Q: Do students receive credit for courses completed at Daedalus?
A: Currently, no, though classes may help many students earn credit at courses at school, homeschooling curriculum, or make credential exams such as the AP exams easier to pass. Moving forward, we plan to give accreditation serious consideration, though many of our classes are outside the school of traditional schooling.
Q: Do you plan to offer standardized test preparation courses (SAT,ACT,etc.)?
A: We are considering it. If we do, these courses will differ from those normally marketed. For starters, much of the goal will be to help students develop long-term independence in shaping their learning habits. We will also tailor classes toward advanced students according to their needs.
Q: Does Daedalus offer scholarships?
A: As of the the Fall of 2013, the answer is no, but that we are looking into finding and making available resources that will help more students enjoy our programs. In a few cases, when students show particular maturity and the ability to communicate, we do plan to take on course assistants in exchange for tuition.
Q: Does Daedalus offer discounts, such as for multiple enrollments?
A: We are waiving registration fees for all students who enroll in one of our programs prior to September 30, 2013.
Q: Are Daedalus programs geared primarily toward academic competitions?
A: No, at least not primarily. Daedalus programs are geared toward students challenging themselves to reach higher and learn more. Many such students participate in academic competitions for a variety of reasons, and our programs can be an enjoyable and intense way to train. The Daedalus curriculum does include thousands of exercises taken from academic competitions both because they are challenging, and also lead students to a more complete understanding of beautiful concepts. Since our programs are geared toward long term development, they may even potentially get in the way of short term competition training. However, the opposite is often true: motivated students train harder upon exploring a more interesting and complete set of ideas.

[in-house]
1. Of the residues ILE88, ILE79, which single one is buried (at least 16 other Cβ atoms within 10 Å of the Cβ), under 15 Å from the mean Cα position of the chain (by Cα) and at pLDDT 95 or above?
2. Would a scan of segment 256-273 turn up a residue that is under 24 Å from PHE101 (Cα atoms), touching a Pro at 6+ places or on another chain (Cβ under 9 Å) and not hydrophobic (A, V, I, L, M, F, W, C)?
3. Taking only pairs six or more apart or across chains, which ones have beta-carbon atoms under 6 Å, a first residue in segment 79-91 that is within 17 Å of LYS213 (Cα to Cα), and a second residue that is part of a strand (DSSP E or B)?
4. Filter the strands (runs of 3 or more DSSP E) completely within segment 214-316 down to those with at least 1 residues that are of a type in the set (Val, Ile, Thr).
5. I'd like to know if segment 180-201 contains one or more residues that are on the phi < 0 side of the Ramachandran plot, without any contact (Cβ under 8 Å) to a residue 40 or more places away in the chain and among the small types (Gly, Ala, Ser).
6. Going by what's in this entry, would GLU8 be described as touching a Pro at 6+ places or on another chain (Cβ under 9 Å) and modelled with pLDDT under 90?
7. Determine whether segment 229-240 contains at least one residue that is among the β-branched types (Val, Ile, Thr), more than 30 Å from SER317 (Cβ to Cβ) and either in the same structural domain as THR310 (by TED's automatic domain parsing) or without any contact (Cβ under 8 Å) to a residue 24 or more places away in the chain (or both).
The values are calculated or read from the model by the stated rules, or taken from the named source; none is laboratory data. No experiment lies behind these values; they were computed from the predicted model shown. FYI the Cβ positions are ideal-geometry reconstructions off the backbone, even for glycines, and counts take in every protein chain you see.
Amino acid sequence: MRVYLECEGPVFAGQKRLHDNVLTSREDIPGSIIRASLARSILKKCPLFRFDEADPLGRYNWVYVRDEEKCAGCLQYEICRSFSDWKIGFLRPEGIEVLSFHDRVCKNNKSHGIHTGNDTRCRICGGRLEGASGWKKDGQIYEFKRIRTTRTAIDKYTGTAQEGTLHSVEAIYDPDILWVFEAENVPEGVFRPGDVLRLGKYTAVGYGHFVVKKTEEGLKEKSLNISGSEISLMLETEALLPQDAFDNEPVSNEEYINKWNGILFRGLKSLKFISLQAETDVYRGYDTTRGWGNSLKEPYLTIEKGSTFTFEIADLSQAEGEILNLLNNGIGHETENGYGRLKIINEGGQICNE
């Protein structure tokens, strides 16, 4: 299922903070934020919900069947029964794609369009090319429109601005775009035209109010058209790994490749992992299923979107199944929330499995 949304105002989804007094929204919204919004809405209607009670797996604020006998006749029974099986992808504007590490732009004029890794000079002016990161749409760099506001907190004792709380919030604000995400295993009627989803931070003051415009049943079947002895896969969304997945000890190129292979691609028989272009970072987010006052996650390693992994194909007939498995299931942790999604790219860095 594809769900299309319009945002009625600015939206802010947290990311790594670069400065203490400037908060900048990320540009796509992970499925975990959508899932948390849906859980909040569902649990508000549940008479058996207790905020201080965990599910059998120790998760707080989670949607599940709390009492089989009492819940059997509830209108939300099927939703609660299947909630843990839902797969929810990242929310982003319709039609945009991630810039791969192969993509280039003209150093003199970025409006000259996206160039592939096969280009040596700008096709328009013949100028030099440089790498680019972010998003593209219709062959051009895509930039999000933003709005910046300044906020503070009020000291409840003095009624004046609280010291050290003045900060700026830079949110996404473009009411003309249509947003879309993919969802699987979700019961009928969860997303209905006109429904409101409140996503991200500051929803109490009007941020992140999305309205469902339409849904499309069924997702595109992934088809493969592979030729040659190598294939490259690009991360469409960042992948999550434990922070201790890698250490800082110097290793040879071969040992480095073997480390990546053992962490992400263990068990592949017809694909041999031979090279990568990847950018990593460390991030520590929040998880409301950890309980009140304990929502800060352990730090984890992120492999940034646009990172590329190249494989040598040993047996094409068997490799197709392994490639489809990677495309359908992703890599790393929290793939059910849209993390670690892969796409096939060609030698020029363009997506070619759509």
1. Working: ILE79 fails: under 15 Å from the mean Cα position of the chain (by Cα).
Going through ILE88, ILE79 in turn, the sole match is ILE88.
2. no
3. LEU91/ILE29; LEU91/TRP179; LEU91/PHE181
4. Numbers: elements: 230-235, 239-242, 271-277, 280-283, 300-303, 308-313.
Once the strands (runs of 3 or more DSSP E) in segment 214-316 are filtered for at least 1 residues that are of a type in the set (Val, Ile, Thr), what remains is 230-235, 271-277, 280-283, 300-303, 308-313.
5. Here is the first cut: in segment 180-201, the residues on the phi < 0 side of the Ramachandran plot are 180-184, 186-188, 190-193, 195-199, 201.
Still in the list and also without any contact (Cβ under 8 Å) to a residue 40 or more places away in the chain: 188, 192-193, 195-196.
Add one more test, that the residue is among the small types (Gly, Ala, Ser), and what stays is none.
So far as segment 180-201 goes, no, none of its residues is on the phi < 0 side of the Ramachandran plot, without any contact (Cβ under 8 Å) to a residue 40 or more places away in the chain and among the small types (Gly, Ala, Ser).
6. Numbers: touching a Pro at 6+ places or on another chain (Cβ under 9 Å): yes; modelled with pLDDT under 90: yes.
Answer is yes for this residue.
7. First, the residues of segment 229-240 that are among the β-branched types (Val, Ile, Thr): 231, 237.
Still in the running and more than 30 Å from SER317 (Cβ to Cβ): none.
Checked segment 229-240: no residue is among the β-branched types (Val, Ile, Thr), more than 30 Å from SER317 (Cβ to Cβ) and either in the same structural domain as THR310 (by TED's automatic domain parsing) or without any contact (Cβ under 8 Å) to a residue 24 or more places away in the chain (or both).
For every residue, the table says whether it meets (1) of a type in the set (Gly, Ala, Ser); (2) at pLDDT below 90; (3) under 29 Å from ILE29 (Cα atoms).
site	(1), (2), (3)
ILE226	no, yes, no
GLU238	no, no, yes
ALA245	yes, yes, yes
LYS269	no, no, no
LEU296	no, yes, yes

Q: Do you offer courses geared toward academic competitions?
A: Yes. Currently we are planning courses aimed at MATHCOUNTS, the AMC, and the AIME mathematics competitions, and our other math classes are at a high level consistent with the challenge and beauty of math competition problems. We also hope to offer other competition oriented courses in the future for students who enjoy that form of challenge. It should be noted, however, that our regular math progression is oriented toward long term success. In some cases, they may result in short term improvements, particularly for the inspired student. But the curriculum doesnít not sacrifice mature development of skills for the sake of short term success. The competition courses are oriented toward the development of the more specific competition oriented skills.
Q: Will Daedalus classes help my child perform better at academic competitions?
A: While it is impossible to predict results on an individual basis, Daedalus staff has trained numerous state, national, and international competition champions, as well as hundreds of other award winning competitors. An excellent program can help students achieve more. There is a long history of academic coaches around the nation building programs with high success, and rarely does the full success continue beyond the career of the coach because it takes so many individual achievers to contribute to such success.
Another way to consider the effects of academic training is whether you think tennis practice or piano lessons will improve a leaner's competitive performance. Learners who want to compete usually benefit from training. Learners who do not want to compete are sometimes demotivated by the additional work they find uninteresting. The environment matters a lot too. Learners who enjoy the process and feel supported work harder. Our mission includes pedagogical aims and unique curriculum development, but also fostering an environment that balances enjoyment with work, and intensity with community support.